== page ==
The Mini 5103 HP sent us packs the new 1.5GHz Intel Atom N550 processor, 2GB of RAM, Broadcom's Crystal HD accelerator
, and runs Windows 7 Professional. Now we'd like to say we felt the performance improvements over single-core netbooks almost instantaneously, but that's not the case thanks to an abundant amount of software preloaded up on the 5103. In fact, just like the 5102, the whole system was rather sluggish until we went and disabled two of the three McAfee security applications. When all is said and done, the 5103 definitely felt snappy for a netbook
. We're not talking Core i3 power here, of course. Our typical netbook routine -- writing this review in Microsoft Word, running Firefox with a handful of tabs open and listening to the new Weepies CD in iTunes -- felt faster than usual. And when we added playback of a 720p video into the mix the CPU usage shot up, but didn't cause anything else to really slow down. Don't get us wrong, the 5103 still feels like a netbook, but toggling between windows and opening programs felt snappier than our Atom N450-packing Toshiba Mini NB305, though not as fast as the dual-core Atom D525-powered Eee PC 1215N
or the AMD Athlon II Neo K325-powered Dell Inspiron M101z
The anecdotal performance and multitasking prowess is slightly better, as are the benchmark results. Just as we heard, there's about a 20 percent improvement -- most other single-core Atom N450 netbooks score around 1,200 on PCMark05, while the Mini 5103 notched a 1,866. That's a nice increase, but it's not quite as fast as AMD's single- and dual-core Nile "netbook" or ultra-thin platform. The Dell Inspiron M101z
hits double the Mini 5103's score on PCMark Vantage as does the Neo K125-powered Acer Aspire One 521
. In addition, the desktop grade, dual-core 1.8GHz Atom D525 processor inside the Eee PC 1215N also provides about double the speed and, as we said before, the 12.1-inch Eee PC certainly feels faster in everyday use to us.
Graphics (or lack thereof)
Intel's still relying on its GMA 3150 graphics so there isn't much of a change on the graphics front, though we've been told the processor alone should handle 720p content without a problem now as well as full screen flash video. The dual-core CPU also speeds up video encoding. Converting a 27MB .mov file to .mp4 took two minutes and 56 seconds on the Mini 5103, while it took 3:24 on the single core Toshiba Mini NB305. That's an improvement, but not as fast as the Eee PC 1215N's 2:03. Same goes for gaming -- it can handle World of Warcraft at 13 frames per second, but the new CPU doesn't change Atom's terrible gaming reputation.
It's hard to say if the dual-core CPU makes much of a difference in the world of HD video playback since our Mini 5103 came with Broadcom's Crystal HD
. We can tell you the Broadcom chip took care of playing local 720p and 1080p video in Windows Media Player. When it came to Flash video, a 720p YouTube video played very smoothly even at full screen, but upping it to 1080p caused some stuttering and even some of video and audio to fall out of sync. Conversely, the AMD-powered Inspiron M101z and Ion-packing Eee PC 1201N
have no issues playing back 1080p streaming content. By the way, the 5103 still doesn't have an HDMI port.
Intel promised that the extra core wouldn't impact battery life and the 5103's battery life is still impressive for a netbook. On our video rundown test, which loops the same standard definition video at 65 percent brightness with WiFi on, the 66Wh battery lasted for six hours and 16 minutes. That's decent for a netbook, but not as long as the 5102's eight hours. However, it's important to note that the Broadcom chip and the higher-resolution 1366 x 768 display on the 5103 could be affecting the endurance. The plus six hours of battery life is much better than the runtime we've seen on AMD's Nile systems, but very in line with the ASUS Eee PC 1215N.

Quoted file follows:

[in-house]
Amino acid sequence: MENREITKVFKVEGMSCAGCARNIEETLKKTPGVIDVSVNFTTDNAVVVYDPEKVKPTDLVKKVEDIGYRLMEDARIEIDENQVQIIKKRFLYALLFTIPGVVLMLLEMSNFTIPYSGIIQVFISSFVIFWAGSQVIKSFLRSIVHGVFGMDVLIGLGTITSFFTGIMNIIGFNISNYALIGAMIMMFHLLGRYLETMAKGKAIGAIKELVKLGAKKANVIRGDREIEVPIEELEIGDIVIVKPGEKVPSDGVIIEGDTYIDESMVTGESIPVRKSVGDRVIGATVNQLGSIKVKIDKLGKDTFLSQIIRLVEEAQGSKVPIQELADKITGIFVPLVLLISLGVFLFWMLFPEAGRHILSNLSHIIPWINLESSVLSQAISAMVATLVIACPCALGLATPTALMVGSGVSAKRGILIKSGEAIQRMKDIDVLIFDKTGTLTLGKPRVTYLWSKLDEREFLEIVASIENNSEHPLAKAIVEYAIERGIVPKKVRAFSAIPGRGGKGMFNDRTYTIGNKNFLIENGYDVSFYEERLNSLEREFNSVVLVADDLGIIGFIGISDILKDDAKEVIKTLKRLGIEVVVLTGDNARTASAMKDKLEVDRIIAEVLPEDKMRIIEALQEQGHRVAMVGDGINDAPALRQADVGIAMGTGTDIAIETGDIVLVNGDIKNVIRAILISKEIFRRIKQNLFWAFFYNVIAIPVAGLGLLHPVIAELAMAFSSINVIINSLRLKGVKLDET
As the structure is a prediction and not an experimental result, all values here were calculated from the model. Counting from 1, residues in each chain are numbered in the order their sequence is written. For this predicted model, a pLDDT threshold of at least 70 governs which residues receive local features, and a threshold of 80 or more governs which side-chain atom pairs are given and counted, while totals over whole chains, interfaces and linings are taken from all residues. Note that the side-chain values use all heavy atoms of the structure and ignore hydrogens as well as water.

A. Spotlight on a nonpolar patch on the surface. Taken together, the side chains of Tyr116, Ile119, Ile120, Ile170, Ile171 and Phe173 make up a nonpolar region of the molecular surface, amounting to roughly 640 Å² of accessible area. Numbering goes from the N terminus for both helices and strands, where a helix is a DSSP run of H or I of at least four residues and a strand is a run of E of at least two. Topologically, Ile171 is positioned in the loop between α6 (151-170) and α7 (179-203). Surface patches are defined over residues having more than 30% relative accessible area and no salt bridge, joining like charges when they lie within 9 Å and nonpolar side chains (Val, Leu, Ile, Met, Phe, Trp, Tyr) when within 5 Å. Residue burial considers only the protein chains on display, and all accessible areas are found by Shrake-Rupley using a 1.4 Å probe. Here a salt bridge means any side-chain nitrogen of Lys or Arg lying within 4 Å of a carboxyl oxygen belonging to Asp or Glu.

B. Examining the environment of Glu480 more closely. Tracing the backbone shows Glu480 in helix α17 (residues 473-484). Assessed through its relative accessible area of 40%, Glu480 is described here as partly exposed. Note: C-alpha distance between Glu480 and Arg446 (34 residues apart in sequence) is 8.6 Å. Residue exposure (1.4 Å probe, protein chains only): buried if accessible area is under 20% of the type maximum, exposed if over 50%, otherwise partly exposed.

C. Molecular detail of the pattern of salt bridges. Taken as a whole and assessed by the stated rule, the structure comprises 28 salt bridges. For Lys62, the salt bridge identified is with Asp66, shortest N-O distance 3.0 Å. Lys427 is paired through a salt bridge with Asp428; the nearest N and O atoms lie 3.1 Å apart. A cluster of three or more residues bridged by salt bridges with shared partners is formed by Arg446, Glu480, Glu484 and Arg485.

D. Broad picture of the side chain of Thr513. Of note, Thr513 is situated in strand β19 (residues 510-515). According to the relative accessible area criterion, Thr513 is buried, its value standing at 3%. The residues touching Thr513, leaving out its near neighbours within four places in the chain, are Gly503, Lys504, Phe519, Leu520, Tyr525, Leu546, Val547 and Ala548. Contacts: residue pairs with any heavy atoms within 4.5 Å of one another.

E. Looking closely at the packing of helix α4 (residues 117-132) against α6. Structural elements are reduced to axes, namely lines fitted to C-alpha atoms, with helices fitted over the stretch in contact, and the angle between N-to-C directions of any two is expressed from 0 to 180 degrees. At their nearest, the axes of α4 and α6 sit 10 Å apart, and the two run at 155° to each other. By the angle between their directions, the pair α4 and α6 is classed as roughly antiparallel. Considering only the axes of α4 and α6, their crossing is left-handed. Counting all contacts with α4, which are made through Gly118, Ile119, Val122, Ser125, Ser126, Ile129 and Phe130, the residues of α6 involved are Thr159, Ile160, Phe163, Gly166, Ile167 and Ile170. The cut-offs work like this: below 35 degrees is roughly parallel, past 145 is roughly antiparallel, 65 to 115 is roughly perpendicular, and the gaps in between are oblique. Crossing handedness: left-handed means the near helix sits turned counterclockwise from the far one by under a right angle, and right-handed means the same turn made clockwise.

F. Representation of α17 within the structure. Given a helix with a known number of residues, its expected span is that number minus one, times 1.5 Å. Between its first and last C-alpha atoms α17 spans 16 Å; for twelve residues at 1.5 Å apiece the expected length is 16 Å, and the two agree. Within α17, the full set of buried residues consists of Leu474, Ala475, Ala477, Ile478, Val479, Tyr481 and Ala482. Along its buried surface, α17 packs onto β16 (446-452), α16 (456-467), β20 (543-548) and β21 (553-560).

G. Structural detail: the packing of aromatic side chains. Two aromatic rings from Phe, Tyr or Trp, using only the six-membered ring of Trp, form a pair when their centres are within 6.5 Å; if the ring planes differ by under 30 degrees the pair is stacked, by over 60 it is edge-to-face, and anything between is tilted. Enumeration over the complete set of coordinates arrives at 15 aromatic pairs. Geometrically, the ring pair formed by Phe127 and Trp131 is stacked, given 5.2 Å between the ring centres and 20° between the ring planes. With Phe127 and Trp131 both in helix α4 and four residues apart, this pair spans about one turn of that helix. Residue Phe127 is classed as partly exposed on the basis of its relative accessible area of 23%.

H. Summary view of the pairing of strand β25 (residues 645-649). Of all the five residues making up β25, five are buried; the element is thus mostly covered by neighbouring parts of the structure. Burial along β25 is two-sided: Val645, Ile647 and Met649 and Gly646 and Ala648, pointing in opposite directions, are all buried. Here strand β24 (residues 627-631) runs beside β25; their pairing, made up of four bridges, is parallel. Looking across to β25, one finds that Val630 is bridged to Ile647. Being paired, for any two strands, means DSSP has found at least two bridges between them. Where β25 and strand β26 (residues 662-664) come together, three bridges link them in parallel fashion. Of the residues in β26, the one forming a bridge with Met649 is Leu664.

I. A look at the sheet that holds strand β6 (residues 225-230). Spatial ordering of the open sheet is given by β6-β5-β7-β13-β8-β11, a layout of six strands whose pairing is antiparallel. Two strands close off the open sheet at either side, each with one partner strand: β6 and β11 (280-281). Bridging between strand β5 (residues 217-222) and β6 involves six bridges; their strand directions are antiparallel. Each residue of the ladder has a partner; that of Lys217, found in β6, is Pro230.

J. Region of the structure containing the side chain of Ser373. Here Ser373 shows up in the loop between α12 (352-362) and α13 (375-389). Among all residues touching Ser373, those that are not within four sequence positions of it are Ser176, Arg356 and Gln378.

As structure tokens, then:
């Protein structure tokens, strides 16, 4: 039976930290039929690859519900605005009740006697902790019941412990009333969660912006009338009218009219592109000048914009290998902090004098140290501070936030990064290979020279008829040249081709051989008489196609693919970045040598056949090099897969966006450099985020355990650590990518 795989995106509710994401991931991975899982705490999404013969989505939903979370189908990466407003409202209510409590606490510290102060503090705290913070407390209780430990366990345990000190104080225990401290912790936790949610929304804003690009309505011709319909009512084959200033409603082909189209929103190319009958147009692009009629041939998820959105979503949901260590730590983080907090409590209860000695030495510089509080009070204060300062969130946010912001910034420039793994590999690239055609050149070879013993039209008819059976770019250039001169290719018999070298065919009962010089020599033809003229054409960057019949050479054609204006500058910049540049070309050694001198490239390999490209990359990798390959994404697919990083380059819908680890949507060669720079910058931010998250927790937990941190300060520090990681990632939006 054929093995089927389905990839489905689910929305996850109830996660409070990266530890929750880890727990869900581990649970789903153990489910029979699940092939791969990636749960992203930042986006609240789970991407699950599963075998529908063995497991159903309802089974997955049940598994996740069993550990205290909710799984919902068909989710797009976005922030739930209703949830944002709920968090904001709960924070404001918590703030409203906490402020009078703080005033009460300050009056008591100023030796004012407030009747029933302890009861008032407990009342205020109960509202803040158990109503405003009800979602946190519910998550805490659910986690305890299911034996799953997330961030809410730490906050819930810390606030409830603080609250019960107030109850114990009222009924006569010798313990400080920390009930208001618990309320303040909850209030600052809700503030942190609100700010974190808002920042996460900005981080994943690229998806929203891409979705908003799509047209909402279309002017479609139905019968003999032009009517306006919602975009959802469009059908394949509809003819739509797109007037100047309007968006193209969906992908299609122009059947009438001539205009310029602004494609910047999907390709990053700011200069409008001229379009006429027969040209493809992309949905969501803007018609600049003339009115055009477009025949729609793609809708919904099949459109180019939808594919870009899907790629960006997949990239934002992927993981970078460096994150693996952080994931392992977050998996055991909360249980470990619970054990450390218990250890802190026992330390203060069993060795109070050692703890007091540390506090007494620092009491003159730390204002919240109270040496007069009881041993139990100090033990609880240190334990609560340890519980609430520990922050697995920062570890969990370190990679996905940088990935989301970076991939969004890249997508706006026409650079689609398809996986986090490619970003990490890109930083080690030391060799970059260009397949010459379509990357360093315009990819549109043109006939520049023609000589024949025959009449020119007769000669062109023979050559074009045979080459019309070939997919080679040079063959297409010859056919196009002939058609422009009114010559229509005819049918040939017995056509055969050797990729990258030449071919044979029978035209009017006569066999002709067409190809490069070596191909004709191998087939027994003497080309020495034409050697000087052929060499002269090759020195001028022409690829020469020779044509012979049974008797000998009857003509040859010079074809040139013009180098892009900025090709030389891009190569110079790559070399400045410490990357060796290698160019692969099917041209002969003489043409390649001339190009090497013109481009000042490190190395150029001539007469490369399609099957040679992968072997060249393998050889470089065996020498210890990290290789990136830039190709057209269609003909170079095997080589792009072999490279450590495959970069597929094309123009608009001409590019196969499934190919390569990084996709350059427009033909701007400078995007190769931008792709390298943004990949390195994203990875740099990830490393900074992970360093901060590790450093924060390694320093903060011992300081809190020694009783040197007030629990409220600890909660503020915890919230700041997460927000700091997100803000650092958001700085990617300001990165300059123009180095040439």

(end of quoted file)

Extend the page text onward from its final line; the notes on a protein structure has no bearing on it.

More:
We called this a performance review because we wanted to focus on the real changes between the 5102 and the 5103. There's obviously more to the netbook than speeds and feeds and if you're interested in what we think of the make, the chassis, keyboard and touchpad make sure to read out full review of the 5102
. The CliffsNotes
version? It's one of the most solidly built netbooks out there and we love the keyboard and touchpad combo. Also, two thumbs up on the high-resolution matte display, but the touchscreen option is probably useless to most.
This turned into more of a Atom N550 review than a review of the 5103, but our question from the start really was: does the new dual-core processor make a real difference in performance and is it worth the upgrade? At this point it's hard for us to say if it's worth the extra cash since HP hasn't released definitive pricing on the upgrade or on the new 5103 yet. (When HP does release that pertinent info we will update this review.) We're assuming the 5103 HP sent us actually costs north of $600 since it has a higher resolution display, touchscreen, Windows 7 Pro, and Broadcom chip, but we're guessing that it will cost about $50 to $75 to add the N550 processor to the base $399 model.
If you're lusting after a professional-looking 10.1-inch netbook we'd say it's worth selecting the dual-core option for the slight bump in processing power -- it means being able to run programs with less lag and watch Flash content at full screen, which we assume is pretty important to the suits out there using this on business trips and such. If full HD video is important to you we'd also suggest springing for the Broadcom Crystal HD option. However, even if its build quality isn't as solid as the HP Mini 5103, we still prefer the $499 Eee PC 1215N with its desktop class Atom D525 CPU and NVIDIA Ion platform in terms of pure power. Of all the netbooks out there -- including those powered by AMD's new Nile -- it really has the best blend of performance, graphics and endurance.